Planning for the launch of a Block I Orion via a Delta IV Heavy is continuing, with recommendations for a “Joint Test and Mission Operations Team” comprised of Lockheed Martin and NASA-Mission Operations Directorate (MOD) personnel for the test flight. Orion – also now known as Multi-Purpose Crew Vehicle (MPCV) – is scheduled to be launched in July, 2013.
Saved from President Obama’s FY2011 cull of the Constellation Program (CxP), Orion only had a role as a lifeboat on the International Space Station (ISS) to look forward to, prior to being realigned as to fulfilling its potential as a Beyond Earth Orbit (BEO) vehicle.
As such, the name “Orion” is likely to be dropped in future documentation, as NASA transitions from the defunct CxP into the programs which are being drawn up by bodies such as the HEFT (Human Exploration Framework Team).
This change of name was pre-empted in managerial notes over recent days, citing the “move” of Orion Project manager Mark Geyer to heading up the MPCV planning team.
“Transition of Orion to a Multi-Purpose Crew Vehicle (MPCV) is allowed by / consistent with the 2010 NASA Authorization Act,” the managerial notes (L2) added. “Team is actively working with the Exploration Systems Mission Directorate (ESMD) on next steps.
“Mr Geyer is heading the MPCV planning team. Orion is considered the point of departure for planning a possible MPCV mission, including Mission Operations support and launch/entry suits.”
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NASA managers are also meeting with their Lockheed Martin colleagues this month to discuss the outlines of the opening Orion Test Flight (OTF-1), which is tracking a target launch date of July, 2013. The Block I Orion will be lofted on its debut flight by a Delta IV Heavy.
Part of the discussions continue to revolve around the responsibilities for the flight, with recommendations to utilize a “Joint Test and Mission Operations Team” which would consist of NASA MOD (Mission Operations Directorate) and Lockheed Martin personnel.
“Orion Flight Test -1 (OFT-1): Orion Project/Mark Geyer is preparing to take a recommendation on how the OFT-1 mission will be supported from the development phase through the real-time test flight support operation and post test flight vehicle processing,” noted the OTF-1 notes (L2).
“The two options that are being assessed include having Lockheed Martin perform the entire test flight as a “turn-key” operation or implementing a more traditional support structure that includes MOD for the pre-flight testing support and full responsibility of the real-time test flight operations support from T-0 through splash down and post landing vehicle safing.
“The Orion Project has been leading the effort to assess the two options and concluded that the preferred option would be to utilize a “Joint Test and Mission Operations Team” that is comprised of LM T&V (Test and Verification) personnel, LM Operations personnel and NASA-MOD personnel.
With the joint team recommendation accepted by Mr Geyer’s team, the proposal will be taken to NASA HQ for discussion in the upcoming days.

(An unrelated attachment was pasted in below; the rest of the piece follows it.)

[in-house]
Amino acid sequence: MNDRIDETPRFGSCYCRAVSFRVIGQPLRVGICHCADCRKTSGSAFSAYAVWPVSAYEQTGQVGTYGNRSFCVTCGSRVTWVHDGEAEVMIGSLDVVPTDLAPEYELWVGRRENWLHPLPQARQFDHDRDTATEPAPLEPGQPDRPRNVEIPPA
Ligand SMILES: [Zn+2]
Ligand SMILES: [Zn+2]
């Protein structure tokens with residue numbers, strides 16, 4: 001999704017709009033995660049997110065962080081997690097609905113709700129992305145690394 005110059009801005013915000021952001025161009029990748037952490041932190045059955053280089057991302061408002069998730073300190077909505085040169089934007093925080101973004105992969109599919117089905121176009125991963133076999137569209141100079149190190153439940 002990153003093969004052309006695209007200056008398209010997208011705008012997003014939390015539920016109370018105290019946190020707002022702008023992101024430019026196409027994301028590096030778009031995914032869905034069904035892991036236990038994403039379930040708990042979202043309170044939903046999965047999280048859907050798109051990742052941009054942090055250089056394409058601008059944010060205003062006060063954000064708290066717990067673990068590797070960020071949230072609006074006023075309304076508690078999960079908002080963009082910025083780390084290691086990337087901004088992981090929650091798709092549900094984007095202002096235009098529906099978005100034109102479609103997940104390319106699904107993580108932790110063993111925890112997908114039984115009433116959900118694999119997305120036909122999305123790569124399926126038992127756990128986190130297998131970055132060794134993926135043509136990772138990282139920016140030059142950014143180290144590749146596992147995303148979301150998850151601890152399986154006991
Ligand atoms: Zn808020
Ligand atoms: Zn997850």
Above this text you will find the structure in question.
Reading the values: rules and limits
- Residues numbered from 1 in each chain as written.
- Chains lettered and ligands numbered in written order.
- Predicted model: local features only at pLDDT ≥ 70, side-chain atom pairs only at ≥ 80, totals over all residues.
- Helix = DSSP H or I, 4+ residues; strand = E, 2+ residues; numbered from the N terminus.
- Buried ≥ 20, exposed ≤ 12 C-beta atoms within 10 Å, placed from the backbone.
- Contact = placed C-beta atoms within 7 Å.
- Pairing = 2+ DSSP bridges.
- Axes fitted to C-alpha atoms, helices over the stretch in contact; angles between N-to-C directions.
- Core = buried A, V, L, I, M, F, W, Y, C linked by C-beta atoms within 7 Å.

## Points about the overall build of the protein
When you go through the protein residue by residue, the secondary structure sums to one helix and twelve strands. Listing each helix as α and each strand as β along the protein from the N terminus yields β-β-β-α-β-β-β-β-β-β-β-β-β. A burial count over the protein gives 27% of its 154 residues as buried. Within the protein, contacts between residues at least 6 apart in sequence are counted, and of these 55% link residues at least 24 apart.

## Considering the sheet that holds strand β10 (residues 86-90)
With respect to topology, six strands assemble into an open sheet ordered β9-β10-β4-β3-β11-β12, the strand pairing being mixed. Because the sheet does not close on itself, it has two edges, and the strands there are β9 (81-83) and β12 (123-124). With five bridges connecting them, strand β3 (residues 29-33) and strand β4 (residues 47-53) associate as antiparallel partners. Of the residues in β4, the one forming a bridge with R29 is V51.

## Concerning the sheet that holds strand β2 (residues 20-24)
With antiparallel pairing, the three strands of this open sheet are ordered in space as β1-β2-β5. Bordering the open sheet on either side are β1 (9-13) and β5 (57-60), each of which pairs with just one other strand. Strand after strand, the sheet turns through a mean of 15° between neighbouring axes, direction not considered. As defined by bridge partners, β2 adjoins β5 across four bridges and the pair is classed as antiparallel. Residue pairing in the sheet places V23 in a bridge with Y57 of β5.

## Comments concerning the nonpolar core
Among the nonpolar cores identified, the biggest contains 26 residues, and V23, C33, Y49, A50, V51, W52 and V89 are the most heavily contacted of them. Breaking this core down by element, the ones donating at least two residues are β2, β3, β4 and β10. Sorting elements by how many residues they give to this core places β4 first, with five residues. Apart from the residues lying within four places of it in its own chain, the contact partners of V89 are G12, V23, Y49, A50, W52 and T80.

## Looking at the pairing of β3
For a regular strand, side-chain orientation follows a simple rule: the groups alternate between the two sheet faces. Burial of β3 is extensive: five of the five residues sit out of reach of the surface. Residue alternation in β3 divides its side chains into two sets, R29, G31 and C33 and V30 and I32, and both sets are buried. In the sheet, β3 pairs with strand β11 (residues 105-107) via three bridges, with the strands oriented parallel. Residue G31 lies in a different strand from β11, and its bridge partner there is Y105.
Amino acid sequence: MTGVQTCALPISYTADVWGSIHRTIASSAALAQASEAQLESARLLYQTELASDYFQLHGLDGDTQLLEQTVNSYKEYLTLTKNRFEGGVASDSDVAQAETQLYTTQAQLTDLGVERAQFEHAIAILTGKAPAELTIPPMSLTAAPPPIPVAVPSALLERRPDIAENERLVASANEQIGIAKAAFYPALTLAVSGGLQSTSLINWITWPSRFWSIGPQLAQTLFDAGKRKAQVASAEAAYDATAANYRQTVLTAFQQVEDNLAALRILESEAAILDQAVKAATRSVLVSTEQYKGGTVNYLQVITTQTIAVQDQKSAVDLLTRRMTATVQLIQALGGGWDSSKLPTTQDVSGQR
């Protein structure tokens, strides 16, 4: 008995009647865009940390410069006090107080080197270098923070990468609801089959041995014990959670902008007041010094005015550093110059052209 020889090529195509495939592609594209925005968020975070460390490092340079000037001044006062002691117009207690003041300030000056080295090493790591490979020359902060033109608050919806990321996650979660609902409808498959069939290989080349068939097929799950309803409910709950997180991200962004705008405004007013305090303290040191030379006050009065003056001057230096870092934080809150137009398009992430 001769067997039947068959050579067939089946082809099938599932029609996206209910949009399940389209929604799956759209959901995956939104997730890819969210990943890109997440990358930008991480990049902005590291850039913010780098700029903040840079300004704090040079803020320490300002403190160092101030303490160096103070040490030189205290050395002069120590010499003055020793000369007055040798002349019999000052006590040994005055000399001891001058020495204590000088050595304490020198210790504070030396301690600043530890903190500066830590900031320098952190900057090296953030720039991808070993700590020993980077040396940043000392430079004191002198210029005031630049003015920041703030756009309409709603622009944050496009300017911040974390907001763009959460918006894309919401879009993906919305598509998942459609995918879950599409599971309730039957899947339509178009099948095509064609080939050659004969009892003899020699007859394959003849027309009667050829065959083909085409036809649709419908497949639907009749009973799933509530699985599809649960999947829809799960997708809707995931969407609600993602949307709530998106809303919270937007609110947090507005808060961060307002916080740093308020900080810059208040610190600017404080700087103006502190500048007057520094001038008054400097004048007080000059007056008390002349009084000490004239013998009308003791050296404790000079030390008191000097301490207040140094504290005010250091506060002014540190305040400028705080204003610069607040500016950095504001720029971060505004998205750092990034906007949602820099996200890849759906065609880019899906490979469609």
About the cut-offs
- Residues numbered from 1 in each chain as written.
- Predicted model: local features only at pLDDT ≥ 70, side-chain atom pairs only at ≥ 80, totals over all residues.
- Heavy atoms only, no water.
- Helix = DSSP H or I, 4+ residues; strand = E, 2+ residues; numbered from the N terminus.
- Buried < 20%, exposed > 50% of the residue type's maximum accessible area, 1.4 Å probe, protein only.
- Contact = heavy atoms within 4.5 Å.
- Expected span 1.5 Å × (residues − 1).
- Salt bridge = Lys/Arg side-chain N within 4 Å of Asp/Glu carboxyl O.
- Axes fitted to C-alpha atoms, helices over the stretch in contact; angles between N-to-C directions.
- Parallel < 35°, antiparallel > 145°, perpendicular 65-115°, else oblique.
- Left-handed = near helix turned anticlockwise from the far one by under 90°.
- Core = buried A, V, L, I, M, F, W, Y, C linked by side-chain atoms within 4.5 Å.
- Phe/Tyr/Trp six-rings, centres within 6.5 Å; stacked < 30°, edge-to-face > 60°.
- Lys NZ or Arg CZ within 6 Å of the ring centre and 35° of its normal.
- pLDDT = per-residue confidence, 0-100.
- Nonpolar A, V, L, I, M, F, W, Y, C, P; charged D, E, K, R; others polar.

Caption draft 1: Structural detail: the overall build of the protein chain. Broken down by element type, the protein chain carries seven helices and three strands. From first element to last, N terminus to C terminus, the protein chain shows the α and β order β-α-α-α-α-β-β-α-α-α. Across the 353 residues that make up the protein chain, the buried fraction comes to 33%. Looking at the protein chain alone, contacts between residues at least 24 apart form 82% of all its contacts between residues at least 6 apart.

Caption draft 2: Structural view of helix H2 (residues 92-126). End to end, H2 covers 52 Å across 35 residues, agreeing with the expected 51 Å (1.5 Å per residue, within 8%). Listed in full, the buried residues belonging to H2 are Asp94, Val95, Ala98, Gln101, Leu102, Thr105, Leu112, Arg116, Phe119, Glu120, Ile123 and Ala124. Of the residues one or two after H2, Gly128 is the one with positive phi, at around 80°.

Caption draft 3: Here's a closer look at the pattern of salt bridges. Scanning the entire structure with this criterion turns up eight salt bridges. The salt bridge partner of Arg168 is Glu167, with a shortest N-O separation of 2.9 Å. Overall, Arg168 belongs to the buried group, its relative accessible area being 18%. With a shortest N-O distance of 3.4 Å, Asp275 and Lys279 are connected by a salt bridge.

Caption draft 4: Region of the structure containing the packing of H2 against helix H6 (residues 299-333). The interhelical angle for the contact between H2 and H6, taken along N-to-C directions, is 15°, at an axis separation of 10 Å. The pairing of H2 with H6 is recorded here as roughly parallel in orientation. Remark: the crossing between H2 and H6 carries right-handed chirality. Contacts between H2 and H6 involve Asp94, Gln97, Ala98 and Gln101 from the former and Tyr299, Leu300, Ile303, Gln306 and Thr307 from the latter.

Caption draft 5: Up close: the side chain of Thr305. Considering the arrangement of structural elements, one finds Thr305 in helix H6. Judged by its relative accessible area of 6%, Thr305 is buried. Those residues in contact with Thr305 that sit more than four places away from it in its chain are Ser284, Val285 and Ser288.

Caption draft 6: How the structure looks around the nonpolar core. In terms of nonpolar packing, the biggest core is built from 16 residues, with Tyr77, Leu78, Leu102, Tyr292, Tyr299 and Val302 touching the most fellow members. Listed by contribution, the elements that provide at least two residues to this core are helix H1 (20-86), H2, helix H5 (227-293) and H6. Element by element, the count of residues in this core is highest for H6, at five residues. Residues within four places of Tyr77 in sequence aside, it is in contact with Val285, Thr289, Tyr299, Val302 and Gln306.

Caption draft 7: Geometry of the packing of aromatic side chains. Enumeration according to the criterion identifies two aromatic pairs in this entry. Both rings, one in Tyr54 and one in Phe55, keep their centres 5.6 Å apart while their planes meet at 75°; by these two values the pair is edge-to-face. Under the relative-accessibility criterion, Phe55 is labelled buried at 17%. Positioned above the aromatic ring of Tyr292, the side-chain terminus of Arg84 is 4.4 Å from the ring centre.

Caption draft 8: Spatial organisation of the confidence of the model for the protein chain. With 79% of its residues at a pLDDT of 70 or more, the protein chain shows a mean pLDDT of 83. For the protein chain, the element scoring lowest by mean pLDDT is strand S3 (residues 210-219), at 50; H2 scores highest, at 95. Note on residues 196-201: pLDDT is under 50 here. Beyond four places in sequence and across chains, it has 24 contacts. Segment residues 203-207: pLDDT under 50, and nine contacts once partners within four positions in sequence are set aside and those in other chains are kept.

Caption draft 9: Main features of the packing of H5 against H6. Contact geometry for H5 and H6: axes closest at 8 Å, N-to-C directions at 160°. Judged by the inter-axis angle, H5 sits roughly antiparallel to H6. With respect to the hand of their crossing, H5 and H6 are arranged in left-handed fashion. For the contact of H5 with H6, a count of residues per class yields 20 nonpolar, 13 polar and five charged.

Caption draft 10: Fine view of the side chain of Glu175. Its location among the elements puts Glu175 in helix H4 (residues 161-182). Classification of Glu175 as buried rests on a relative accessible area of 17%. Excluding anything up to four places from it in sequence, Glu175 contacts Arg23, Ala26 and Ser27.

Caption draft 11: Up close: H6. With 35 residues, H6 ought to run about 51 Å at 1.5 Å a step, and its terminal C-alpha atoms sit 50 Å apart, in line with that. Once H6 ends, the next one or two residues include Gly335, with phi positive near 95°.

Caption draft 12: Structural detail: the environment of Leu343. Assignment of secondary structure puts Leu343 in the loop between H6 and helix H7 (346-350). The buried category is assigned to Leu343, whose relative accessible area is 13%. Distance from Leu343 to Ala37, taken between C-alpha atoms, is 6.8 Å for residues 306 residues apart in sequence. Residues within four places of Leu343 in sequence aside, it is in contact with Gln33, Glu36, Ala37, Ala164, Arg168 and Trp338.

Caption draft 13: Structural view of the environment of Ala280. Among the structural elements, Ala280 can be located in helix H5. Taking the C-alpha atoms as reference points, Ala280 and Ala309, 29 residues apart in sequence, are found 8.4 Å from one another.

“(Mr) Geyer accepted the OFT-1 proposal that will utilize a blended team approach for support of the test flight. The team will be comprised of Lockheed Martin (LM) Test Engineers, LM Operations personnel and NASA Mission Operations personnel,” added an additional update (L2).
“The team approach will be utilized for all aspects of the test flight including subsystem and integrated testing as well as the flight execution. The team approach will also be utilized for the development of all products required for support of the mission (e.g. test scripts, test procedures, LCCs (Launch Commit Criteria), Flight Rules, timelines, etc.).”
For the interim, Lockheed Martin Operations and T&V members, along with NASA/Orion Ops personnel, are to develop the Memorandum of Understanding (MOU) to define the joint team support approach for the OFT-1 mission.
MOD Director Paul Hill is also expecting the joint team approach to be fully adopted, as noted during comments about MOD’s role with Orion/MPCV, during an exclusive and wide-ranging interview with NASASpaceflight.com – which will be published in its entirety on Tuesday.
“MOD’s role for Orion/MPCV is unchanged. Experienced MOD personnel remain engaged with the NASA and Lockheed team developing the spacecraft and associated operations. Our plan is to engage the MOD infrastructure and plan/train/fly community in preparing for and flying the test flight on whatever booster it rides to orbit on, including an EELV,” noted Mr Hill.
“I’d expect that a commercial EELV would be launched and monitored by the experienced commercial launch team. An MCC-Houston team would then be responsible for the spacecraft, team with the EELV provider on spacecraft related ops decisions during first stage, powered flight and have full responsibility through splashdown.
“This arrangement would both benefit from MOD’s previous flight and Orion-development experience, and also provide a good pathfinder in developing MPCV mission systems and plan/train/fly products. MOD’s support to the test flight would fit within the cost required to prepare for the follow on MPCV missions with crews aboard.”
The capsule is expected to make its manned debut in either the 2016, or 2018 and/or 2019, depending on the availability of the Space Launch System (SLS).